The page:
Taking view of the security situation in the country after nearly 150 people were killed in the Peshawar school massacre, Pakistan is planning to ban 12 terror outfits. According to Pakistani media, Jamaat-ud-Dawa (JuD) led by 26/11 mastermind Hafiz Saeed and the dreaded Afghan-based Haqqani Network are among the 12 outfits likely to be banned.
The move is being seen as a “paradigm shift” in the country’s security policy. A formal announcement to this effect would be made in “coming days”, Pakistani media reported.
The decision came a day after the US declared the fugitive chief of the Tehreek-e-Taliban Pakistan Mullah Fazlullah as a ‘Specially Designated Global Terrorist’ following Secretary of State John Kerry’s visit to Pakistan this week.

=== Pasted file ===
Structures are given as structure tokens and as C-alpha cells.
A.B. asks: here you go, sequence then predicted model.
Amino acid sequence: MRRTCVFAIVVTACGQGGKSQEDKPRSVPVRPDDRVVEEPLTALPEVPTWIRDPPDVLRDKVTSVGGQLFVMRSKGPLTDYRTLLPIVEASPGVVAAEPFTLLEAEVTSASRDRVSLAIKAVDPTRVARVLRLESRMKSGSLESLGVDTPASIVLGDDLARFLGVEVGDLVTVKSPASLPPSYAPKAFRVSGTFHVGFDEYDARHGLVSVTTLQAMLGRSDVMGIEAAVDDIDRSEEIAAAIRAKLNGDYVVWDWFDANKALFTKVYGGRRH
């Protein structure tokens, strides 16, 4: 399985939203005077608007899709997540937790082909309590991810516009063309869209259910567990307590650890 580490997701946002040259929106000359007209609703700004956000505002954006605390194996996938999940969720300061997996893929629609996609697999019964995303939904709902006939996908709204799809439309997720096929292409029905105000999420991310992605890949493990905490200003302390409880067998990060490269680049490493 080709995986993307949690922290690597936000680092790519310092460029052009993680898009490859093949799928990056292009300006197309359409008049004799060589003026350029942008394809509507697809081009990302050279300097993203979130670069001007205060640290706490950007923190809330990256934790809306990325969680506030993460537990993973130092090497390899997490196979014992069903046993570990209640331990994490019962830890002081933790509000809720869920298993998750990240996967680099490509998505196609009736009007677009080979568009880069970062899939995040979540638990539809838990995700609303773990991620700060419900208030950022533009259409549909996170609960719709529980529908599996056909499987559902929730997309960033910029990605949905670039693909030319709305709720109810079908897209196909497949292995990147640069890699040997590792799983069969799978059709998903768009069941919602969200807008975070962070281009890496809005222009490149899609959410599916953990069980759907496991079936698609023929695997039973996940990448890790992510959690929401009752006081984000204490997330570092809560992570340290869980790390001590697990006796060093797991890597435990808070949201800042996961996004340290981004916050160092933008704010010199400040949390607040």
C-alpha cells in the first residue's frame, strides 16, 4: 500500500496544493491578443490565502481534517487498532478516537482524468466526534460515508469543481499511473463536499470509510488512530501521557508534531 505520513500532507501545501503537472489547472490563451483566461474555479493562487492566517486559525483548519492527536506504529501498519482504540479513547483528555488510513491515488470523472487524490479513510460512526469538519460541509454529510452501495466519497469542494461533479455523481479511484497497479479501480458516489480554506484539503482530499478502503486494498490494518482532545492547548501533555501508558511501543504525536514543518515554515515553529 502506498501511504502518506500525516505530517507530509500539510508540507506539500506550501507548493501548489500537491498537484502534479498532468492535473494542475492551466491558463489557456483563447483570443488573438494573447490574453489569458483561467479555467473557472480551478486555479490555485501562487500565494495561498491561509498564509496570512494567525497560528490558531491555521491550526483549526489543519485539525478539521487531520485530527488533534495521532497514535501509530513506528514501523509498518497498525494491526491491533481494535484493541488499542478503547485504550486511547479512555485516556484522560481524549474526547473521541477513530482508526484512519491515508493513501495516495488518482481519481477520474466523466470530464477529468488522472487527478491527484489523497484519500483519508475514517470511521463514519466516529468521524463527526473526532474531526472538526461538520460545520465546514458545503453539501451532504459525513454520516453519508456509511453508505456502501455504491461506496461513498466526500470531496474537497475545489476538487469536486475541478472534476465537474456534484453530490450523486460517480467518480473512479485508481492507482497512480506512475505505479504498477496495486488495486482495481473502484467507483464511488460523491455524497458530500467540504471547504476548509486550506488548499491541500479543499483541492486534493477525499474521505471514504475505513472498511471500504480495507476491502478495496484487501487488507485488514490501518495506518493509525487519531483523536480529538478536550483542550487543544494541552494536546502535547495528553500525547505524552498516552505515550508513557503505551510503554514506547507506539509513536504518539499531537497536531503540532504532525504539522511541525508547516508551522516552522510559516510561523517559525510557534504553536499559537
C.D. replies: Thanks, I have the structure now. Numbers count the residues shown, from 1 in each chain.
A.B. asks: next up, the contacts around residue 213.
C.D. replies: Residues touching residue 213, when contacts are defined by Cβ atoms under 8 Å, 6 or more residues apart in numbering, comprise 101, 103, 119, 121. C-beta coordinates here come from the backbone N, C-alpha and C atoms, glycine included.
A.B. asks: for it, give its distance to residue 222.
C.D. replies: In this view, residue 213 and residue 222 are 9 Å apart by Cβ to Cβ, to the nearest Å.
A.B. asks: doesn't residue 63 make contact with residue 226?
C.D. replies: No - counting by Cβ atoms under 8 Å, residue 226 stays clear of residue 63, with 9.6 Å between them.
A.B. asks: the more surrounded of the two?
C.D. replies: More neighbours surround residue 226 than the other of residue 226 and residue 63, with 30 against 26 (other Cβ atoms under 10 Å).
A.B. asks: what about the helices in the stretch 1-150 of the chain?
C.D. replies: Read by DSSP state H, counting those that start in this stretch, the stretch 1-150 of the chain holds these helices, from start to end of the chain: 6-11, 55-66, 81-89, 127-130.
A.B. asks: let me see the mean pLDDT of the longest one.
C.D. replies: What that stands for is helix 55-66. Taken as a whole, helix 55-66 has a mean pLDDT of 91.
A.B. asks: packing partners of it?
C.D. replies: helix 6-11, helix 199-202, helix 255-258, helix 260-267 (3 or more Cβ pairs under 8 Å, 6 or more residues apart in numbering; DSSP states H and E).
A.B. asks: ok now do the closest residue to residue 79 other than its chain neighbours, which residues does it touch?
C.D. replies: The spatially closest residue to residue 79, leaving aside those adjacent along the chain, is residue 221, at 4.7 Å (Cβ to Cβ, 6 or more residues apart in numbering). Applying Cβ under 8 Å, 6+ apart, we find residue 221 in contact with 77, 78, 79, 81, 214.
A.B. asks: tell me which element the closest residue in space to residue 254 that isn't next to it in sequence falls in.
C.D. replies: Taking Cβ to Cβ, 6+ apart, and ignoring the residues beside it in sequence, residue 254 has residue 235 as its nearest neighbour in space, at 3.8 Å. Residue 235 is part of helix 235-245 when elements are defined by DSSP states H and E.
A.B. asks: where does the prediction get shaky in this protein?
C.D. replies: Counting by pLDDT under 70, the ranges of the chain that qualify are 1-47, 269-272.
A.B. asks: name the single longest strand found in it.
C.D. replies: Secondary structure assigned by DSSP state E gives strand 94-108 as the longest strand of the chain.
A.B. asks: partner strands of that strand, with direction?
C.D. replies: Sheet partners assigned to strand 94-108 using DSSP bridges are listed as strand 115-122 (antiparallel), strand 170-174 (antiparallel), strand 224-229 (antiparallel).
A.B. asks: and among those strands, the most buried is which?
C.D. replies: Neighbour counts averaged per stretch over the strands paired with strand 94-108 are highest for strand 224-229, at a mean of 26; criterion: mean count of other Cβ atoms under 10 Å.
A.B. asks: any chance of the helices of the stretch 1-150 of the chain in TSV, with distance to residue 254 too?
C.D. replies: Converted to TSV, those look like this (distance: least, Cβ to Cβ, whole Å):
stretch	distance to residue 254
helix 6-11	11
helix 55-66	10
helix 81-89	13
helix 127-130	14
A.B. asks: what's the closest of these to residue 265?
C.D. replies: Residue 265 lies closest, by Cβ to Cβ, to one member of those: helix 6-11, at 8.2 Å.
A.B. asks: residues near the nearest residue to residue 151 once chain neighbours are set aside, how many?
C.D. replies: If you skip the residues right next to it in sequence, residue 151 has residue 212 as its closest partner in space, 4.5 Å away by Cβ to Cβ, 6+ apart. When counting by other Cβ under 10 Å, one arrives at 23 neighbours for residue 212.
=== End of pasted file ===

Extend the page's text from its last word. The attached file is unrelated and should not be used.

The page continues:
The UN Security Council designated the JuD a front for the LeT after the Mumbai attacks. Since then, the UN and US have sanctioned several JuD leaders. The Haqqani network, founded by Jalaluddin Haqqani, has been blamed for the Indian embassy bombing in Kabul in 2008 that left 58 people dead, a 2011 attack on the US embassy in Kabul, and several big truck bombing attempts in Afghanistan.
“It’s our first step towards execution of the National Action Plan. The nation will see more positive steps towards dismantling militant groups. Both civilian and military leadership decided to ban the Haqqani Network and Jamaat-ud-Dawa,” a senior intelligence official told Pakistani media.
According to reports, the list also includes Harkat-ul-Jihad Islami, Harkat-ul-Mujahidin, Falah-e-Insaniat Foundation, Ummah Tameer-e-Nau, Haji Khairullah Hajji Sattar Money Exchange, Rahat Limited, Roshan Money Exchange, the Al Akhtar Trust, Al Rashid Trust,
Banning an organisation means freezing its assets, blocking funding sources and monitoring them properly.